Saturday, September 23, 2006


Iraq Isn't Vietnam — It's Cambodia

Historian Steve Conn makes the case in the Philadelphia City Paper (via the invaluable History News Network) that what we're doing to Iraq is a lot like what Nixon did to Cambodia.

Historical analogies should never be drawn too tightly, but as Iraq descends further into fratricidal violence, it may be Cambodia, rather than Vietnam, that Iraq will come to resemble. And the Cambodian experience should make us feel even more grim about the mess we have made in Iraq. Cambodia's fragile neutrality began to unravel in 1969 when President Nixon ordered secret — and almost surely illegal — bombing raids on Cambodia in his effort to chase North Vietnamese troops hiding across the border.... In 1975, at virtually the same moment Americans left Vietnam, Khmer Rouge forces entered Phnom Penh triumphant. The Khmer Rouge, under its leader Pol Pot, flew into a systematic, prolonged, genocidal rage, as it took its revenge against former opponents, imagined enemies and ordinary Cambodians for no reason at all.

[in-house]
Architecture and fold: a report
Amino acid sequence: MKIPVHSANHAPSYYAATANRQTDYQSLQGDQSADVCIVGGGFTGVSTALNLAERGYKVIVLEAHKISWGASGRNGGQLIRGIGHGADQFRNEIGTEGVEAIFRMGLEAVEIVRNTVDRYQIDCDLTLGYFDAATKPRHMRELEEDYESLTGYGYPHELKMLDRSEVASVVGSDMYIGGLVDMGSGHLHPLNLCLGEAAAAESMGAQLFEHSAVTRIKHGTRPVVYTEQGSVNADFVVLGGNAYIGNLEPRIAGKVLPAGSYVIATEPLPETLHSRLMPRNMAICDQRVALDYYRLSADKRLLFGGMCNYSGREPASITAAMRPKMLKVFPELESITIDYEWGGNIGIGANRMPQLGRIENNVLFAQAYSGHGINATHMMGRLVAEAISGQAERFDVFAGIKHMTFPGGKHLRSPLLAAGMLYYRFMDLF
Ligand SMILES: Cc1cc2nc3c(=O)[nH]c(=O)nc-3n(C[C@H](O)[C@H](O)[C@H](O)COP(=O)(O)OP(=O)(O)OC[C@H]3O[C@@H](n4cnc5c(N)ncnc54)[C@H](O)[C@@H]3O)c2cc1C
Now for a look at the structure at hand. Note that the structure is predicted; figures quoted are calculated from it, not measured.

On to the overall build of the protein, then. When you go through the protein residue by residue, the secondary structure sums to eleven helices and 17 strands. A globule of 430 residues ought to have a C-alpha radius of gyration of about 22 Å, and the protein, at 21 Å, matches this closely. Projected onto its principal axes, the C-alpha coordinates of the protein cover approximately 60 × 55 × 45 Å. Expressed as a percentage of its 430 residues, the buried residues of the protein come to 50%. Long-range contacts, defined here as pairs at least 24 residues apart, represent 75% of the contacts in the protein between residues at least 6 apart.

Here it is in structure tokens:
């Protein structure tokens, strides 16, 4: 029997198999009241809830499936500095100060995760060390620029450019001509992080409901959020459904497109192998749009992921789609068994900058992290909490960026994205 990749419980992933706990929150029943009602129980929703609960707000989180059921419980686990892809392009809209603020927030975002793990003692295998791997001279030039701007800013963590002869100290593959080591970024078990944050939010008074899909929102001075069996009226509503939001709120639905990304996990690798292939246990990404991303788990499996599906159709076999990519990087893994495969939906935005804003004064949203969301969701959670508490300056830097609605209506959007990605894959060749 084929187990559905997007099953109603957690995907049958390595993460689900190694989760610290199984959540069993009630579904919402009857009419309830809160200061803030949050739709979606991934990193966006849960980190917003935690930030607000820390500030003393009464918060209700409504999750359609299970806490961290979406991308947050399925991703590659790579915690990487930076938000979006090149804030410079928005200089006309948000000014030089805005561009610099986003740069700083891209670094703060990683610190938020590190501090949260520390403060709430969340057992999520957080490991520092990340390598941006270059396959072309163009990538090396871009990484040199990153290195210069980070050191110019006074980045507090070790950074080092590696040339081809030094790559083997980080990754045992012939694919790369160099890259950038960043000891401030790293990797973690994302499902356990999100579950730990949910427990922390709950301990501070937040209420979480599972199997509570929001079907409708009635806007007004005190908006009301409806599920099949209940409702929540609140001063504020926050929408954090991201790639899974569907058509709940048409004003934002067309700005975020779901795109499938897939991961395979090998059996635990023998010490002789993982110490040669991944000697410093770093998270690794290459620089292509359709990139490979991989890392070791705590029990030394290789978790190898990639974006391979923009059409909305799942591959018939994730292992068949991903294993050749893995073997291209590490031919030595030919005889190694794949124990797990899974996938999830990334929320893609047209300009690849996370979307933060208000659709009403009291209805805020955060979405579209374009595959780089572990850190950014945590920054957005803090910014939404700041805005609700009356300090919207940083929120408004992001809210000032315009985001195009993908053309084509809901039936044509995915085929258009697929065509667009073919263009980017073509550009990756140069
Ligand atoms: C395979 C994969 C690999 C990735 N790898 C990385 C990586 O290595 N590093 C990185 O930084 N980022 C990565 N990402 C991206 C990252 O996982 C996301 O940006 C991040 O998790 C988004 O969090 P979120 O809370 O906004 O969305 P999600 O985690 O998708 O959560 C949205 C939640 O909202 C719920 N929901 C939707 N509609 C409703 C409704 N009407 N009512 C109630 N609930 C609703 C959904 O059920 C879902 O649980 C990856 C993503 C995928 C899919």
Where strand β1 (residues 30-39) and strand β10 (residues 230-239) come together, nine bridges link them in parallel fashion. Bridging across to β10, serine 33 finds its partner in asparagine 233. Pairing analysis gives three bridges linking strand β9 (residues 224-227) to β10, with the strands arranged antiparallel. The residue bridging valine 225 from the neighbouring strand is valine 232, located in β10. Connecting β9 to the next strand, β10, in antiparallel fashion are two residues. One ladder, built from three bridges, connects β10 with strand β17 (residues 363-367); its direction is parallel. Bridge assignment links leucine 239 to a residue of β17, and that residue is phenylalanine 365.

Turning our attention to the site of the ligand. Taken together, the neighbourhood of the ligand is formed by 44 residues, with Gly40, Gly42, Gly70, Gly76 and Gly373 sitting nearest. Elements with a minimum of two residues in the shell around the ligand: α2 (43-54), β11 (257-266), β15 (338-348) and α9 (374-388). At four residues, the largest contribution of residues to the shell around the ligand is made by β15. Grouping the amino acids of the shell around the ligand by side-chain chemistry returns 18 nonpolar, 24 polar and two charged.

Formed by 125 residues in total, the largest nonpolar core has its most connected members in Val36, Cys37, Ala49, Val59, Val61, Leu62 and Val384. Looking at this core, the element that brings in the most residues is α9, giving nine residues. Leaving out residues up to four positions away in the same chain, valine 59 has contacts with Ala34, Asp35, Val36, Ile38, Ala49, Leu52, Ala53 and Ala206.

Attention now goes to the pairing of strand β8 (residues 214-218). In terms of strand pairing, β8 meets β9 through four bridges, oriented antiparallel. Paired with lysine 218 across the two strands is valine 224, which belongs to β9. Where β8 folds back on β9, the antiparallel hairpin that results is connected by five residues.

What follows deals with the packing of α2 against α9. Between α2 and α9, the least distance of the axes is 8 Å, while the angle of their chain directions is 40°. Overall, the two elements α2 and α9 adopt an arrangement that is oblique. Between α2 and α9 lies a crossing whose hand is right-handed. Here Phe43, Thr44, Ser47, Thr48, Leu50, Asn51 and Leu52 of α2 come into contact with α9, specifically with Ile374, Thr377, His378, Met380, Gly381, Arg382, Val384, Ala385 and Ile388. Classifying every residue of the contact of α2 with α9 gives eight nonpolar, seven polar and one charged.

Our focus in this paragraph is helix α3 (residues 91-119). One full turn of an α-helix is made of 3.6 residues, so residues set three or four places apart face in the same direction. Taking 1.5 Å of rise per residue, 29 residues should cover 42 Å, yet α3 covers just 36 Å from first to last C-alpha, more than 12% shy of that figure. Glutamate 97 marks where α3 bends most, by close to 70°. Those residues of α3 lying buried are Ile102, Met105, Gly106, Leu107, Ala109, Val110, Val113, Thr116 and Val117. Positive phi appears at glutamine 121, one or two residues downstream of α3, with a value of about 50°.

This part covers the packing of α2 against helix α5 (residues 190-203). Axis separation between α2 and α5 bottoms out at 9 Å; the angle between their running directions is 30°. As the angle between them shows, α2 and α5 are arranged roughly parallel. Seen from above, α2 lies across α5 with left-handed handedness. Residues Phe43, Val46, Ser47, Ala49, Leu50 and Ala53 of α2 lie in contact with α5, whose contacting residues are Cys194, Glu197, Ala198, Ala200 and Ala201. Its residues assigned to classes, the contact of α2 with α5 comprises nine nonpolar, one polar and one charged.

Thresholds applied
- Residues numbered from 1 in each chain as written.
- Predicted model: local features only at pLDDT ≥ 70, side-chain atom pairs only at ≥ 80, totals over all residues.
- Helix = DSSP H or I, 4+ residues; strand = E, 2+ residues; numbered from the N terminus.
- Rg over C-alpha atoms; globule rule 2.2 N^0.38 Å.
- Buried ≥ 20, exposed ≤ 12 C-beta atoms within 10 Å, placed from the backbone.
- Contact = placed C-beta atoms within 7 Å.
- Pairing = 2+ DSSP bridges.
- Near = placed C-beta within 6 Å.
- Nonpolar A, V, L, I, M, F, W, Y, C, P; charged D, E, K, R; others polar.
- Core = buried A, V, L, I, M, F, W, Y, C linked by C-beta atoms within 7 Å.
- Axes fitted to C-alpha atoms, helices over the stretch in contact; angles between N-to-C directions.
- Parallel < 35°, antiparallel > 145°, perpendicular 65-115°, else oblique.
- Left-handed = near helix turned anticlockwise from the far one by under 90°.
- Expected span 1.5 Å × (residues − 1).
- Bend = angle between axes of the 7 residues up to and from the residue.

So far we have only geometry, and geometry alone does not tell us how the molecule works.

Arguably illegal? Check. Targeting a country that isn't the real enemy? Check. Creating anarchy and mass murder in a previously stable country? Check. And one more similarity:
And both invasions have had the effect of strengthening the position of our purported enemies. By rescuing Cambodia from Pol Pot, Vietnam, the country we fought bitterly for more than decade, wound up exercising control over Cambodia for a generation. In the absence of a legitimate, widely supported government in Iraq, it doesn't take too much imagination to see Iran, the major menace in the Middle East, marching in overtly or covertly to provide the stability and order in Iraq that Americans clearly can't.
Heckuva job, Bushie.
A-yep. And there's also a similarity in that both countries were attacked in efforts to conquer them and turn them into staging areas for the projection of US military power. Both efforts have failed.
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